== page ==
Follow

Cutting own niche in healthy baking

By Nailantei Norari
Thursday, June 17th, 2021 00:00 | 3 mins read
Brown Cakes founder Faith Igosangwa. Photo/PD/NAILANTEI NORARI

Faith Igosangwa is the founder of online bakery Brown Cakes whose specialty is in wholesome and gluten-free cakes. Brown Cakes has won many awards among them the Healthy Bakery of the Year in the Kenya Baking Industry Awards 2019.

Nailantei Norari @ArtNorari   

Chance favours the bold. And it did just that to Faith Igosangwa. One fateful day in 2016, she ran out of white flour and ended up adding brown flour to her cake mix. The cake turned out very well.

She could not believe just how sumptuous and good it looked, as she had always believed that brown flour would make something taste bad.

This is when she started experimenting with different flours and substituting cake ingredients with healthier options, all with the aim of creating something both healthy and swish.

“I went all out, learning all I could on gluten-free cakes and healthy cake alternative ingredients such as plant milk.

I enrolled for a three-month entrepreneurship class that helped me define my business vision and package my business.

I felt like I needed structure and the class gave me something to start with. I launched Brown Cakes immediately after the class in July 2016,” she explains.

But where did she get the capital to start? Faith believes in the power of starting small and scaling with time.

She continued baking even during the entrepreneurship classes. Ever the entrepreneur, she would make a big cake, slice it into pieces and sell it to her then classmates.

By the end of the three months, she had saved enough to buy a bigger oven, and some more baking tools that her business required.

The fact that her business was an e-kitchen, where she would either make deliveries or get clients to pick up the finished products, also meant her business overheads were low as she did not need to rent out a business premise.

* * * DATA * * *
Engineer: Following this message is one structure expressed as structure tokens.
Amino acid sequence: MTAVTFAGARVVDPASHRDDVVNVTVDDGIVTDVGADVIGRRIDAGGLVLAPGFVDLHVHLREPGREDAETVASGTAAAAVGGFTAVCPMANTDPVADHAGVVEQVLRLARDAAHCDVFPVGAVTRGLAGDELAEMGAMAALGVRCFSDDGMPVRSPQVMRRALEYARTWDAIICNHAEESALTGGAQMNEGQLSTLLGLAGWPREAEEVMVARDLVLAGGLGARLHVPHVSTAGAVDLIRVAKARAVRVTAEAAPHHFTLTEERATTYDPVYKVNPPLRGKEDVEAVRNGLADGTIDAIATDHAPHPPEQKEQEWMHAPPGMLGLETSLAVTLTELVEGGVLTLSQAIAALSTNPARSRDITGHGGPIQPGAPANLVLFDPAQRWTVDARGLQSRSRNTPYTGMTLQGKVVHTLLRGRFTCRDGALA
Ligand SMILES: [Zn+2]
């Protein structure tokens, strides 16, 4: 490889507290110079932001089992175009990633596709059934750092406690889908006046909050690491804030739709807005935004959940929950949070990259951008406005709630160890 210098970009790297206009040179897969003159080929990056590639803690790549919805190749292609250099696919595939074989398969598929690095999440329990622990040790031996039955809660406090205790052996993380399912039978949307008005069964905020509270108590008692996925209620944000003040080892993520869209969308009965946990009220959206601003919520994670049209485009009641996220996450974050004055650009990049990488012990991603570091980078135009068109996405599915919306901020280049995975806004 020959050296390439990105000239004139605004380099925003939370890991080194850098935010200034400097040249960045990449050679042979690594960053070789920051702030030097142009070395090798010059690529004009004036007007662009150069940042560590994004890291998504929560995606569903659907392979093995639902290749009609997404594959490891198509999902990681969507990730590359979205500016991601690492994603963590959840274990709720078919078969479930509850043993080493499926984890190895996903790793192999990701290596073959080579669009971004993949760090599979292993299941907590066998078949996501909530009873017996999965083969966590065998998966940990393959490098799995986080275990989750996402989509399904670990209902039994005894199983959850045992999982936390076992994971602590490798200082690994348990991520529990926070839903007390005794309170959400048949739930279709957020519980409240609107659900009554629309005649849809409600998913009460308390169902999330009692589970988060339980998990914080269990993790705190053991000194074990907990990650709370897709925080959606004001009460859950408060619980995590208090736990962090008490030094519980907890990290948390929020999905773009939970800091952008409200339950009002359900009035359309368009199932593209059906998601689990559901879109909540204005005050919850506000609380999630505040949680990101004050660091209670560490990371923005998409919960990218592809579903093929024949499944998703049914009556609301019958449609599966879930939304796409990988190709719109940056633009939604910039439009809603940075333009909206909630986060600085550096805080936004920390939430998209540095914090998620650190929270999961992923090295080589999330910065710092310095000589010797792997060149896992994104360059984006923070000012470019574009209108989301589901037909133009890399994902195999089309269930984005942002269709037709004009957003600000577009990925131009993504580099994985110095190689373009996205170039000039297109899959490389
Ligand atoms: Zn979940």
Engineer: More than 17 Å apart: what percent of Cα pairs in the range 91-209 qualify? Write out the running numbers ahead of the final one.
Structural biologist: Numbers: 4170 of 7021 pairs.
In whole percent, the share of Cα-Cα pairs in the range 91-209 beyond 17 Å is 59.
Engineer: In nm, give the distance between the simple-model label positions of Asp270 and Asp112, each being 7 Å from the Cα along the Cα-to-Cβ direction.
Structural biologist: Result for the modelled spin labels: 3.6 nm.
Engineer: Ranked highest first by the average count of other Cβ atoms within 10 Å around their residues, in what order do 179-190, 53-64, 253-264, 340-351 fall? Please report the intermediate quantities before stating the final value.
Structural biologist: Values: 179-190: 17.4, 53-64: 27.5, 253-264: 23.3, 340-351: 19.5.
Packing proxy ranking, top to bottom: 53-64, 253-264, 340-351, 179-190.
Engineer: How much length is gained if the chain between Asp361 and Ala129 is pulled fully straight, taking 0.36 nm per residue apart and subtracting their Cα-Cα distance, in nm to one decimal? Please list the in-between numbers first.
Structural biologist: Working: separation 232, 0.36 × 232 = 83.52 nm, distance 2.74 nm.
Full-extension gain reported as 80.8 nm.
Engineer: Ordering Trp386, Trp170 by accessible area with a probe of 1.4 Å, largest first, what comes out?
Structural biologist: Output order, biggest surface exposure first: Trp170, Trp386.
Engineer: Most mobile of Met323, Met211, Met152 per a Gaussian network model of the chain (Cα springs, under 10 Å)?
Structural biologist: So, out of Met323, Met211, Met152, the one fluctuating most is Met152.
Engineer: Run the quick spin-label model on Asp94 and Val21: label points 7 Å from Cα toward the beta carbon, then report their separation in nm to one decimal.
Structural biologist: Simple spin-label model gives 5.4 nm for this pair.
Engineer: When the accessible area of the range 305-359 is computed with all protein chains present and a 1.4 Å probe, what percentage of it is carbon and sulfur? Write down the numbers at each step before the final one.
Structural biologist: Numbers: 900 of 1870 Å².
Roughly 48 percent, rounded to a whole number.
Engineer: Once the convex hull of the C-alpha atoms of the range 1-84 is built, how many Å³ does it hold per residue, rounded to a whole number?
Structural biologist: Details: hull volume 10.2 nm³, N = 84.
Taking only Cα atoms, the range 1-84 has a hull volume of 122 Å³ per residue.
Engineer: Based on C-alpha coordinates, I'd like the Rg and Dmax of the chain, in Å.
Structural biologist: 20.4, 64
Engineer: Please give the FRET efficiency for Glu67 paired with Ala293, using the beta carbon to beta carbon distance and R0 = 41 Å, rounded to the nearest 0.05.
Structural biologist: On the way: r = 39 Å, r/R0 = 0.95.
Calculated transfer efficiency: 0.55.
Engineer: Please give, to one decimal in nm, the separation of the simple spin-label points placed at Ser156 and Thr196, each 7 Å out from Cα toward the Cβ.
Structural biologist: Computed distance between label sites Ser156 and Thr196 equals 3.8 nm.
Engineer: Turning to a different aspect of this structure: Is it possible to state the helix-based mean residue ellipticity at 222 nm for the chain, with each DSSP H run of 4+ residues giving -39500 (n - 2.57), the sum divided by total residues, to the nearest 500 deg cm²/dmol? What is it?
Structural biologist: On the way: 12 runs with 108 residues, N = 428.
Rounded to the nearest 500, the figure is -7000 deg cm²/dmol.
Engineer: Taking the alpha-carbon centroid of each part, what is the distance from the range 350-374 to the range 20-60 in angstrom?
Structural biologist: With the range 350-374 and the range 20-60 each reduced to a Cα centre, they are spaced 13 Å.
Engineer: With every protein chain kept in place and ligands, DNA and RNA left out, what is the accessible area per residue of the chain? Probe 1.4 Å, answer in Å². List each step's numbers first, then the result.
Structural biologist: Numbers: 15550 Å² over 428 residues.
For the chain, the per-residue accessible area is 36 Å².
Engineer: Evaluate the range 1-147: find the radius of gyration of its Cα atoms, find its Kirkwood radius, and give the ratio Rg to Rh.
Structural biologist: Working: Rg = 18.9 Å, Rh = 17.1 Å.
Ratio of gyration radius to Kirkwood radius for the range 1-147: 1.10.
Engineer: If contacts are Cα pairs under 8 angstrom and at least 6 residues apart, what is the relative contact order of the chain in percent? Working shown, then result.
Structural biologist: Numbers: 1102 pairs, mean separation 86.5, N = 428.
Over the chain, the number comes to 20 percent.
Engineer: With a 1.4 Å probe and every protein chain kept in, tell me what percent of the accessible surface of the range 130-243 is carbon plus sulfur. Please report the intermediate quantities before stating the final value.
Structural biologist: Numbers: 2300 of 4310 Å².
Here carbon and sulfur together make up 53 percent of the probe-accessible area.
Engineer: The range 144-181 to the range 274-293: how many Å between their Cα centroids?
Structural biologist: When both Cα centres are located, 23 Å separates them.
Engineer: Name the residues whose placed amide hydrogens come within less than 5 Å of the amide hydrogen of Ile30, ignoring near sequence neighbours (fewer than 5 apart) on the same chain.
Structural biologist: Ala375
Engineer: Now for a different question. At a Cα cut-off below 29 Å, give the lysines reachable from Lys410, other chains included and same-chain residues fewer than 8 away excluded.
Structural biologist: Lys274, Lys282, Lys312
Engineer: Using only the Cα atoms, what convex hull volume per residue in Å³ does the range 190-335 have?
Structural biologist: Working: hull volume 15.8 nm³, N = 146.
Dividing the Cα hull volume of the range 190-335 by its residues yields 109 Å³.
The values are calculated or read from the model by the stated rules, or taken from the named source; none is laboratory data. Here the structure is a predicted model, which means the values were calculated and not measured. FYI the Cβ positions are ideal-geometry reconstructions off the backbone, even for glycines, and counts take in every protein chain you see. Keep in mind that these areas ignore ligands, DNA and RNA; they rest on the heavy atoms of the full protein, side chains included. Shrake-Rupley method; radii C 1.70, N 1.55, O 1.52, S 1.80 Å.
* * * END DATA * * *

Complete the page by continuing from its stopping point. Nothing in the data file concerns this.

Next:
Hunger for success

She was determined to also grow her product portfolio. She started with whole-wheat cakes and then got into the gluten-free cakes.

She made bigger cakes and widened her confectionery offerings. She then started approaching corporates, so that she could cater for their events and teas. She also baked birthday and wedding cakes for close friends and family.

“Brown Cakes growth was organic. We worked hard, and slowly built our product portfolio and our reputation.

We did our best to deliver quality products and got referrals and recommendations from both individuals and corporates. We marketed aggressively on social media and attended sampling events in order to reach more people and let them know what we were doing.

The process was slow, but nothing good ever comes easy,” explains Faith, who is also a psychologist by training.

But every business comes with its own share of challenges and highlights. For Brown Cakes, sourcing for fresh ingredients and wholesome ingredients that have not been processed was the major challenge.

She had to import some ingredients, and bulk importing made more economic sense.

This meant she had more fresh ingredients than she could use. she then decided to start selling the surplus ingredients to other bakers, and that is how she branched into selling fresh vanilla beans from Madagascar.

The other major challenge was Kenyans scepticism with e-kitchens. Most of her clients wanted to come to a physical business premise. She had to work hard to build trust and gain the clients’ confidence.

Forward gear

“The surprising thing about Covid-19 is that it helped us to better establish our online bakery, as everyone was forced to go online.

This automatically meant that Kenyans had to stop doubting the potential of online shopping and quickly got on board.

People started seeing that one can also get quality products even when ordering online. The pandemic in a way spurred our growth,” says Faith.

As to what the future holds, the entrepreneur hopes to keep re-inventing the business and growing it alongside the small group of small-scale farmers from whom she sources ingredients.

She intimates that entrepreneurship is about learning your target audience and responding to their varying needs.

She explains how she came up with the biodegradable cake wrapping options when she realized that her clients were environmental conscious.

She also started offering glass jar cupcakes, where the customers could reuse the glass jars at home or bring them to Brown Cakes for a cake refill.

“Times will get tough, but in those days, having a strong ‘why’ is what will sustain you. Why are you doing this and what impact do you want to have in the future?

It really helps if you are passionate about what you do. It makes hanging in there a tad easier. But the biggest thing you will need to do as an entrepreneur is to learn how to fail forward.

Do not let the failures crush you. Learn from them and do better,” Faith says in conclusion.

Nailantei Norari

ADVERTISEMENT